July 10, 2014

Molecular ‘chat’ holds kidney fibrosis clues

A novel molecular “conversation” regulates kidney fibrosis – the final result of end-stage chronic kidney disease – suggesting new treatment options for this currently irreversible process.

Ambra Pozzi, Ph.D., right, and colleagues, from left, Xiwu Chen, M.D., Ph.D., Roy Zent, M.D., Ph.D., and Wen Hu have uncovered a signaling pathway that controls kidney fibrosis, suggesting new strategies for preventing the disease process. (photo by Susan Urmy)

Kidney fibrosis — characterized by abnormal accumulation of the protein collagen — destroys kidney function. Fibrosis is the final result of all types of end-stage chronic kidney disease, which affects more than 20 million people in the United States.

“Unfortunately, kidney fibrosis is an irreversible event, and there is no treatment,” said Ambra Pozzi, Ph.D., professor of Medicine in the Division of Nephrology and Hypertension. “[rquote]If we can understand how the collagen is synthesized and degraded, we might be able to devise a tool to really treat, and ideally prevent, kidney fibrosis[/rquote],” she said.

In the Journal of Clinical Investigation, Pozzi and colleagues report that a novel “conversation” between a main collagen receptor and a growth factor receptor regulates fibrotic signaling in the kidney. The findings suggest a new strategy for reducing kidney fibrosis.

Pozzi and her team had previously implicated the collagen receptor — a protein called integrin alpha1/beta1 — in fibrotic signaling. They found that mice lacking integrin alpha1 developed more fibrosis in a kidney injury model than control mice, suggesting that integrin alpha1 normally “keeps the brakes” on fibrosis.

In the new paper, they connect integrin alpha1/beta1 to the type II TGF-beta receptor. The growth factor TGF-beta is a known contributor to kidney fibrosis and other pathological conditions, including inflammation and cancer.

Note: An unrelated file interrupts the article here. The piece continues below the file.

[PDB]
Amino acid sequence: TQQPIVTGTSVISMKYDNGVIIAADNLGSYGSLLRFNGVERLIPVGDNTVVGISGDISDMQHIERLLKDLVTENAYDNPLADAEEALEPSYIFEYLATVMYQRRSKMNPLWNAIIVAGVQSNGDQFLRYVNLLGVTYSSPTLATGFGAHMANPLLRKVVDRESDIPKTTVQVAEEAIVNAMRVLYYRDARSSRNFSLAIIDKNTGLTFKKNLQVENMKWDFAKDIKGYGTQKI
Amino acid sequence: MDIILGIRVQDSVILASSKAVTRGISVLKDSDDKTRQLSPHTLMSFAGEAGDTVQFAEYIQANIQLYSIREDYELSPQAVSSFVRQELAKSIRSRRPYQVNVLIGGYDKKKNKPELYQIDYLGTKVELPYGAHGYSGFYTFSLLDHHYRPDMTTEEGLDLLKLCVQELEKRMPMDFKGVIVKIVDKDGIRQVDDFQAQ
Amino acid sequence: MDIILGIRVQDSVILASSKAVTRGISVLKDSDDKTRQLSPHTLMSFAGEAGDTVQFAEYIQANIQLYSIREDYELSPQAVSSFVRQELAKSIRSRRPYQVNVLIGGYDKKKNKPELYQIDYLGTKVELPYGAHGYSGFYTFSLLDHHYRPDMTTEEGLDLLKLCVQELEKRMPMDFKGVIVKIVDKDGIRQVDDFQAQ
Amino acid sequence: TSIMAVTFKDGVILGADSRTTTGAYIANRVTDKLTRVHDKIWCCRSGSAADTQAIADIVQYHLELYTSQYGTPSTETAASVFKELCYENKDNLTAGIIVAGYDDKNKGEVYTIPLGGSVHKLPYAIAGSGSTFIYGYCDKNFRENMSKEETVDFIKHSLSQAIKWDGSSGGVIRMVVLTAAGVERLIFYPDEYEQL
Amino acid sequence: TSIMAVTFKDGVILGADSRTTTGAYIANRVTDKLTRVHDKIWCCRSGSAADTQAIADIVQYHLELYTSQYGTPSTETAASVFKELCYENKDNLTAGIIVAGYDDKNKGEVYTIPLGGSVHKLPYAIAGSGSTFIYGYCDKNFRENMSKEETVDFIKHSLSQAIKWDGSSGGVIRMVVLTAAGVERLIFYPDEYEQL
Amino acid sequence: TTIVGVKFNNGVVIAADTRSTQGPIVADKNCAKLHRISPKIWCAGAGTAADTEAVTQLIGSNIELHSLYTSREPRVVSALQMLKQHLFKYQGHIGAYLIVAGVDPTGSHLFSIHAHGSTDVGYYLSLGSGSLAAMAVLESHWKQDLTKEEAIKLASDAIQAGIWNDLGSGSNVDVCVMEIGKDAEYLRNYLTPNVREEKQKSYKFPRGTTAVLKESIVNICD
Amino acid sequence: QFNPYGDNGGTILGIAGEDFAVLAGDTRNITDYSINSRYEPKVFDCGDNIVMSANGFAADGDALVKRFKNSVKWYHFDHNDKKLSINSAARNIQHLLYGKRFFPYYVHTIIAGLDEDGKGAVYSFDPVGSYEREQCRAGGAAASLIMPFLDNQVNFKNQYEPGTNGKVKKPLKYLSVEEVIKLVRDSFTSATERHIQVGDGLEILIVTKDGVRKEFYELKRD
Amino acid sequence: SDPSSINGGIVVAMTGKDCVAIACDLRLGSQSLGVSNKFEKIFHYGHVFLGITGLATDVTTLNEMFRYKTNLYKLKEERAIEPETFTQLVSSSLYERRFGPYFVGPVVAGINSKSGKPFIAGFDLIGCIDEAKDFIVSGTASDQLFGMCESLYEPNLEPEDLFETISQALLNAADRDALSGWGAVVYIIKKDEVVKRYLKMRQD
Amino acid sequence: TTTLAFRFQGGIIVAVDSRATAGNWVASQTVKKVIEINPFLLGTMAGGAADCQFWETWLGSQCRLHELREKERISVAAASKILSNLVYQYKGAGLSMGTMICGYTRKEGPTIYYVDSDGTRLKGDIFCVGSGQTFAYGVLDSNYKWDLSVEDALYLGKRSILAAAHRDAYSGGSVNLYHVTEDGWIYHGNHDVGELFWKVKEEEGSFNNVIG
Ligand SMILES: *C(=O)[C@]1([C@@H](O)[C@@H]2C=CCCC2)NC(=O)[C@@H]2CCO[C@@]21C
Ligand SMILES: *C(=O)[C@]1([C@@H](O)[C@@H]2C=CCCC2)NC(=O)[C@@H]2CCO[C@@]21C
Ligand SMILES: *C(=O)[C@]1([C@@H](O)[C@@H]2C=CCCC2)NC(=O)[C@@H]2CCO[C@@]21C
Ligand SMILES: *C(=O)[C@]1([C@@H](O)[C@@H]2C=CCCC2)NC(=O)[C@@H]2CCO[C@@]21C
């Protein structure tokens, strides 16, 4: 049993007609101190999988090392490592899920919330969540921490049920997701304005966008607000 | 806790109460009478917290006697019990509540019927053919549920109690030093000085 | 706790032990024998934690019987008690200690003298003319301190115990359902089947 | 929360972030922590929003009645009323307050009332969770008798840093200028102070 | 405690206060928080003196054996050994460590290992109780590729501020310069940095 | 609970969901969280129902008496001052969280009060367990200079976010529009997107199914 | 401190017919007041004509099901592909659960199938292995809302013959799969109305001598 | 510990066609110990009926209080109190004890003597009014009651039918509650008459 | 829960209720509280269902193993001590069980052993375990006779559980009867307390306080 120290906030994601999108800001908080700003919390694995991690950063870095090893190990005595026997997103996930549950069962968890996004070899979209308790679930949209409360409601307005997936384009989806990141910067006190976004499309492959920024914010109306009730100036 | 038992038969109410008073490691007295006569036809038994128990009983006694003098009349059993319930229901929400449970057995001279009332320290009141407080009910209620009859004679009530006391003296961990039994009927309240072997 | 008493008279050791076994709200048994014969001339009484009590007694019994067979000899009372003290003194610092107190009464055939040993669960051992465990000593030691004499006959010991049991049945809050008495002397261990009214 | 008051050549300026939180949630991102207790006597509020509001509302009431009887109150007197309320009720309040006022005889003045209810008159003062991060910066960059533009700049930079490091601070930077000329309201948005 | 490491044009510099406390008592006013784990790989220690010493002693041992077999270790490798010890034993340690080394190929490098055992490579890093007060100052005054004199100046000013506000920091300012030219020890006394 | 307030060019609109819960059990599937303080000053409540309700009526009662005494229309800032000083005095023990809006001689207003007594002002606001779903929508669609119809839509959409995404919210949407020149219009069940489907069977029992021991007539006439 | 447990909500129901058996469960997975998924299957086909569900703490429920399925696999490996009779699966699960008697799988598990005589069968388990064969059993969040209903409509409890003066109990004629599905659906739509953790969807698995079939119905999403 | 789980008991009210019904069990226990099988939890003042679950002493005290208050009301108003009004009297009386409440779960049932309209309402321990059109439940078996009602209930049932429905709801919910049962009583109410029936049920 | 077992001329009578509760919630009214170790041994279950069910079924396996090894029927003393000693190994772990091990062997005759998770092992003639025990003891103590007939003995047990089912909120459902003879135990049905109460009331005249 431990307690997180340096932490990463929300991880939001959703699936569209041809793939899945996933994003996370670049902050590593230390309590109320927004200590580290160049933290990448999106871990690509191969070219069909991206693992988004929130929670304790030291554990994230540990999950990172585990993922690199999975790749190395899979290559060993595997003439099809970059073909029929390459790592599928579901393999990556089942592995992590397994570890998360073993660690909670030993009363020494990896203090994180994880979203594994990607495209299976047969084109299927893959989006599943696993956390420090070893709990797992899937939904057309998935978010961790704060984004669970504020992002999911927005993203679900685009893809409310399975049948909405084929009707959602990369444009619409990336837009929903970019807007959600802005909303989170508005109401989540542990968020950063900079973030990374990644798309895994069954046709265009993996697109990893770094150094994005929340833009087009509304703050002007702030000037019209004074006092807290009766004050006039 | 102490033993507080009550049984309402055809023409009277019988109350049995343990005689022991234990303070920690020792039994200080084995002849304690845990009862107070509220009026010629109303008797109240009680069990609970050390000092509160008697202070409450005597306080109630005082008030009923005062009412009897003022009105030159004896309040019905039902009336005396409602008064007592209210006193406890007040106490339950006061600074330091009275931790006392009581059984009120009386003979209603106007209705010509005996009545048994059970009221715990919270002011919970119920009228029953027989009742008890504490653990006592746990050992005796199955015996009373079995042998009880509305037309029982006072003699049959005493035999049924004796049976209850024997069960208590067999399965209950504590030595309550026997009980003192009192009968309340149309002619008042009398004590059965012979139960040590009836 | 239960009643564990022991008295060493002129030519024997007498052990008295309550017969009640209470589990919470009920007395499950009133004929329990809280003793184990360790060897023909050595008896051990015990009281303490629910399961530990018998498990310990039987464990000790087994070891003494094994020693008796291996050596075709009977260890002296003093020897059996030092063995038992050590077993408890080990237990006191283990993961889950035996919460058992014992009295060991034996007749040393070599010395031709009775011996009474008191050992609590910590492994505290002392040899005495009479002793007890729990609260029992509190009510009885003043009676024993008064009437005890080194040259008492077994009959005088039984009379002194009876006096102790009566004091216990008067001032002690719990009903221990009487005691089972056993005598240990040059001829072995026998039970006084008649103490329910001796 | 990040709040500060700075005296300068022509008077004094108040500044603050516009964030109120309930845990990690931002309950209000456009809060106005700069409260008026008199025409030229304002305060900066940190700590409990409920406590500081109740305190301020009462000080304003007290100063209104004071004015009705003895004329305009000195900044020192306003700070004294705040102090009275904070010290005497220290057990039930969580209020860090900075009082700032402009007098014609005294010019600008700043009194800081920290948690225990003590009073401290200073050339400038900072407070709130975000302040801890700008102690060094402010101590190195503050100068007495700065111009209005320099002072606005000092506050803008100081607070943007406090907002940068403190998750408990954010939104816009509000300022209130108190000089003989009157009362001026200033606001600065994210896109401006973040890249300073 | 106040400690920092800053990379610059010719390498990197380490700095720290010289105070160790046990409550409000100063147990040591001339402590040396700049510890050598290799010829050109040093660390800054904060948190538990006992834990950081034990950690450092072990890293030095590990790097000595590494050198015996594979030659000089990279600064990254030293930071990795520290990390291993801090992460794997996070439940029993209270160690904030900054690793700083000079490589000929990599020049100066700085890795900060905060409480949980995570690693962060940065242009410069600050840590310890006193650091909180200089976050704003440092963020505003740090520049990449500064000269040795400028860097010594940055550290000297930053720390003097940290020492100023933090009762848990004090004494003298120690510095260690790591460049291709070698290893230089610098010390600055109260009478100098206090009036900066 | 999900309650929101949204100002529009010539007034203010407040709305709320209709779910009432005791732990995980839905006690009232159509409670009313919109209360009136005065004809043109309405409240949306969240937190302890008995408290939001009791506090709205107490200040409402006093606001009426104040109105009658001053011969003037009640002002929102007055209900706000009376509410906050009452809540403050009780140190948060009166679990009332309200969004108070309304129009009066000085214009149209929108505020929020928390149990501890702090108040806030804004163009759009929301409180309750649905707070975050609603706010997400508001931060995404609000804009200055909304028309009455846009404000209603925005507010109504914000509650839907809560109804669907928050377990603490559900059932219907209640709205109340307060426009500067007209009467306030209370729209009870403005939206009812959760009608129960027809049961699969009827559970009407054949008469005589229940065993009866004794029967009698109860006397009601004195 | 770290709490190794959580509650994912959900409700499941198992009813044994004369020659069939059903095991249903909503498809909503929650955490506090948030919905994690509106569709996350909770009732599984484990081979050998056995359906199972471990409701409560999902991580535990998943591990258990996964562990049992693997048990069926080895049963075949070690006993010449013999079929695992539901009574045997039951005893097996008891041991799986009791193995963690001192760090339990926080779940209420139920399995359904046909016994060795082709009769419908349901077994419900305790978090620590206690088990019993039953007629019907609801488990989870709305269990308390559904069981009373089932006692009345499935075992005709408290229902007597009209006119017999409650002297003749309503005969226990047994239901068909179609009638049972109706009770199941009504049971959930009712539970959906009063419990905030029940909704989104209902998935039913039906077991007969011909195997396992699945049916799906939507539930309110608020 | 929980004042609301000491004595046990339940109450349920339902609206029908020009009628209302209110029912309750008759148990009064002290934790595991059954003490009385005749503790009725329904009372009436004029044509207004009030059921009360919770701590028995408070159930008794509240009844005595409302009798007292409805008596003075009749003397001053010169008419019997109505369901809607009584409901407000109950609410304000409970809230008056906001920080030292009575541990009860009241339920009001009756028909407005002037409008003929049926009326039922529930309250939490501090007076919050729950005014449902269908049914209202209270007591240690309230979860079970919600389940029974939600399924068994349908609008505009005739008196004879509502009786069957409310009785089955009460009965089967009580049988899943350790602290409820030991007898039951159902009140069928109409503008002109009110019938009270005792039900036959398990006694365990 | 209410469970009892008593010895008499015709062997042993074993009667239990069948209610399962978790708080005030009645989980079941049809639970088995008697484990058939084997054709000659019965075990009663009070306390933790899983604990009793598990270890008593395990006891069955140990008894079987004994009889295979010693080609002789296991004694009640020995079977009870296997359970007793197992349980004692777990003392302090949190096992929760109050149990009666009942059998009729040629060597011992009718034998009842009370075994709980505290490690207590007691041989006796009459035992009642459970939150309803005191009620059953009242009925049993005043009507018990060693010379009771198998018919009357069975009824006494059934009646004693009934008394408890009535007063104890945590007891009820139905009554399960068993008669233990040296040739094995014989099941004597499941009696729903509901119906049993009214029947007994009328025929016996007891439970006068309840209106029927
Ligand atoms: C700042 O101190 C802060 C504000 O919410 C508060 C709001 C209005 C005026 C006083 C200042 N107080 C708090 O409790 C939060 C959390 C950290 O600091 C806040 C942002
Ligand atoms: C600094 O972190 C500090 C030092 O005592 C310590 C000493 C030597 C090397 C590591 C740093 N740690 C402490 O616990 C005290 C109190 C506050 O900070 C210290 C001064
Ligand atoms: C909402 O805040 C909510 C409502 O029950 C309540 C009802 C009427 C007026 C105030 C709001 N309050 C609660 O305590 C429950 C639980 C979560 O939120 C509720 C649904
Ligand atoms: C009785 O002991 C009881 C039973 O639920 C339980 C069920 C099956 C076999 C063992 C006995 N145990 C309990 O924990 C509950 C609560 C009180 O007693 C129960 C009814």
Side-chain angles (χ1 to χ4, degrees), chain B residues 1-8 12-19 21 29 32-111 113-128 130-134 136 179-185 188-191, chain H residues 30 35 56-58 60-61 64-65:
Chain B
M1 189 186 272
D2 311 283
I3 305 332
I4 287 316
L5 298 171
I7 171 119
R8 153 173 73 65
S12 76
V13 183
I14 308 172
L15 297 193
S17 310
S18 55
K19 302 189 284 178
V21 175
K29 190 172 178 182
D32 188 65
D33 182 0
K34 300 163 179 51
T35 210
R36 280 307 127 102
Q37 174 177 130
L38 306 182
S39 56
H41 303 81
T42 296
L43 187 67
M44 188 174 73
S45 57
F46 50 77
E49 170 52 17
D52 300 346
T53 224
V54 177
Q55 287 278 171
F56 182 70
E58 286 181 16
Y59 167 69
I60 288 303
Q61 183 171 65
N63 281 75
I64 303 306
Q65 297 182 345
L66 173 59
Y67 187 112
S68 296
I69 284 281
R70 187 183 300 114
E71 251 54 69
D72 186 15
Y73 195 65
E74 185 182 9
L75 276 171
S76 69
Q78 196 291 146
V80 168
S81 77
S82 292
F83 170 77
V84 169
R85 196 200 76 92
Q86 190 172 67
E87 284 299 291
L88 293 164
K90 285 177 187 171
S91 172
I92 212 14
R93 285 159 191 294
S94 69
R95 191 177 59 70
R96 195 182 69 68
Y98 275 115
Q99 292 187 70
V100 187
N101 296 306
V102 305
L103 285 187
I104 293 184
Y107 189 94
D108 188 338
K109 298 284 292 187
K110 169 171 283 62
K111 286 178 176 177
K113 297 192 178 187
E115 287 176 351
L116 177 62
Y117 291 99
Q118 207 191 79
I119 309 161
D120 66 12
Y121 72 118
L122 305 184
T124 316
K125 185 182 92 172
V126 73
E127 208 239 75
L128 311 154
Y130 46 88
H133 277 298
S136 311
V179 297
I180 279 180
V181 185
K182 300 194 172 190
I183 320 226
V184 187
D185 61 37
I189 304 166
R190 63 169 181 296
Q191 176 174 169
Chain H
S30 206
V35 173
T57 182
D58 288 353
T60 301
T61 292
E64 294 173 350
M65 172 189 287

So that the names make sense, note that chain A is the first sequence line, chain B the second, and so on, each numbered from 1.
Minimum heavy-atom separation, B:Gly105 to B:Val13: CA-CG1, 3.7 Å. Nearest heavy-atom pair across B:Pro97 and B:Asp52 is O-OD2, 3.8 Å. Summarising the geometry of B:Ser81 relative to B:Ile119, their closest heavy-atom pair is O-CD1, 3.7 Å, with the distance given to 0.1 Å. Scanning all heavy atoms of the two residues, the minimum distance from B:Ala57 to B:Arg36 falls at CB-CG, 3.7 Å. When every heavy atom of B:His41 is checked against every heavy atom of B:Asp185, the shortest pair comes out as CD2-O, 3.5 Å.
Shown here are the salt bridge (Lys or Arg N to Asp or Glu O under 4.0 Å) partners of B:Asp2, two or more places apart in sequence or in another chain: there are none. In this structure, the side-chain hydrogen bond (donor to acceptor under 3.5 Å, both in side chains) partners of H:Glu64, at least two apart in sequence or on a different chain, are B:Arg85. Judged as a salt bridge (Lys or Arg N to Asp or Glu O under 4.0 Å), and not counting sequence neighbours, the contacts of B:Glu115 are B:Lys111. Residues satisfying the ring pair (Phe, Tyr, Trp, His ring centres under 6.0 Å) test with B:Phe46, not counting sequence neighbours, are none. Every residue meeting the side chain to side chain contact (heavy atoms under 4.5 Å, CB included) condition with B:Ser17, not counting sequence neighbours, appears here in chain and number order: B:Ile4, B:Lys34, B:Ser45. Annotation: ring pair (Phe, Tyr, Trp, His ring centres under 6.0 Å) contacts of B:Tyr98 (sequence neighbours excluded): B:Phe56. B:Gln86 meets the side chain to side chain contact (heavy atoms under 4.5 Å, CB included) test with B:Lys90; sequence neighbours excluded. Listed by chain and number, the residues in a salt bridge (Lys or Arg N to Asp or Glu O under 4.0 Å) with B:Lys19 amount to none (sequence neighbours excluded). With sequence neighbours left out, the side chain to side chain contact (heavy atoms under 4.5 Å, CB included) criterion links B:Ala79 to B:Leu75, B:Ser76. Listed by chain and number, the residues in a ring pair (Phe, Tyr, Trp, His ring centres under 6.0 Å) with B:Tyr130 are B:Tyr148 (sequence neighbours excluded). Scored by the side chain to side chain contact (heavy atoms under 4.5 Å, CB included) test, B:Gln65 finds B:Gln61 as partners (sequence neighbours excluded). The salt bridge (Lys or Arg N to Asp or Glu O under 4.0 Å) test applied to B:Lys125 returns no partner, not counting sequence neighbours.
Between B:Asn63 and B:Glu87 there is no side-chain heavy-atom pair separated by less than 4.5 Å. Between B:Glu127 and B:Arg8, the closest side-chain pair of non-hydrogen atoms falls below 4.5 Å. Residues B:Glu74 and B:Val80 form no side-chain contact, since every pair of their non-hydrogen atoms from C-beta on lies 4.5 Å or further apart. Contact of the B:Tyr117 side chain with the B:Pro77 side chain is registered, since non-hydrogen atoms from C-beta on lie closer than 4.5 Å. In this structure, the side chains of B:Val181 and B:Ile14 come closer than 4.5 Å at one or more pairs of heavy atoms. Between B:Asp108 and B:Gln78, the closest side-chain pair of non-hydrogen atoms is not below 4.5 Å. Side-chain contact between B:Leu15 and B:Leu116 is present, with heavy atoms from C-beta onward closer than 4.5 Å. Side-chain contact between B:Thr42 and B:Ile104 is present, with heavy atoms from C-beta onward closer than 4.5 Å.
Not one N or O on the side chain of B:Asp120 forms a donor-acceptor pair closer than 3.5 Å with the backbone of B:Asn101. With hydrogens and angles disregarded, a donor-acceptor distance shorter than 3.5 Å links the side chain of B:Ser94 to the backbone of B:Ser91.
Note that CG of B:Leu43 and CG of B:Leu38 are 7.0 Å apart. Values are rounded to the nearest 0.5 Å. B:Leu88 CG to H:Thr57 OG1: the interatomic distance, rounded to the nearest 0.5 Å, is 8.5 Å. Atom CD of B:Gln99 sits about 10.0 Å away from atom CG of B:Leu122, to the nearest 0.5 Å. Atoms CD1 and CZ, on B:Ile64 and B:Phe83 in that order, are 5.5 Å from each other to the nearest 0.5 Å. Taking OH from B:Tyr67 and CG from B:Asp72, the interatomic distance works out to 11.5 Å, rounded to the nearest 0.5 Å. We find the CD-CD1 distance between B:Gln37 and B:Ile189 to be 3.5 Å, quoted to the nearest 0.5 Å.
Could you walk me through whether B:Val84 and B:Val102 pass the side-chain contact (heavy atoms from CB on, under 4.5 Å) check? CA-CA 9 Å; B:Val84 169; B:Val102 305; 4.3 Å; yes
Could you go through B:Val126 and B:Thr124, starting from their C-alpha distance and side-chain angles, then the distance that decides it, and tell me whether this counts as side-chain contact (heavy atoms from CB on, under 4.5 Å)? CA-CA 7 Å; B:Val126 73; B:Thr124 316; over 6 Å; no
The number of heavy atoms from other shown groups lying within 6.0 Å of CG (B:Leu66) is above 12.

The researchers found that a particular modification of the TGF-beta receptor II (tyrosine phosphorylation) regulates fibrotic signaling; higher levels of tyrosine phosphorylation increased kidney fibrosis.

This finding was unusual, Pozzi said, because most TGF-beta receptor research has focused on phosphorylation of serine and threonine, not tyrosine.

They found that integrin alpha1/beta1 reduces fibrotic signaling by reducing tyrosine phosphorylation of the TGF-beta receptor II, a novel form of “cross-talk” between these two receptors. It does this by recruiting and activating a tyrosine phosphatase protein (called TCPTP) that removes the phosphates from tyrosines on the TGF-beta receptor II.

The team demonstrated in a mouse model that activation of TCPTP with a non-selective compound reduced TGF-beta receptor II tyrosine phosphorylation and activity, and dampened the fibrotic response.

“We think that targeting the tyrosine phosphorylation of the TGF-beta receptor II, in particular by enhancing de-phosphorylation, might be a valid tool for treating situations where there is unwanted activation of the TGF-beta receptor in conditions like inflammation, cancer and especially fibrosis,” Pozzi said.

“My dream is to devise selective integrin alpha1/beta1 or TCPTP activators to try to really block and prevent the TGF-beta pro-fibrotic signaling response.”

First author Xiwu Chen, M.D., Ph.D., led the studies. Other Vanderbilt contributors included Hongtao Wang, Hong-Jun Liao, M.D., Wen Hu, Leslie Gewin, M.D., Glenda Mernaugh, Lorenzo Vega-Montoto, Ph.D., Roberto Vanacore, Ph.D., and Roy Zent, M.D., Ph.D.

The research was supported in part by Veterans Affairs Merit Review awards, a Veterans Affairs Career Development Award, grants from the National Institutes of Health (DK095761, DK075594, DK069221, DK083187, DK065123, DK099467) and an American Heart Association Established Investigator Award.

JCI featured Pozzi’s paper in a video abstract: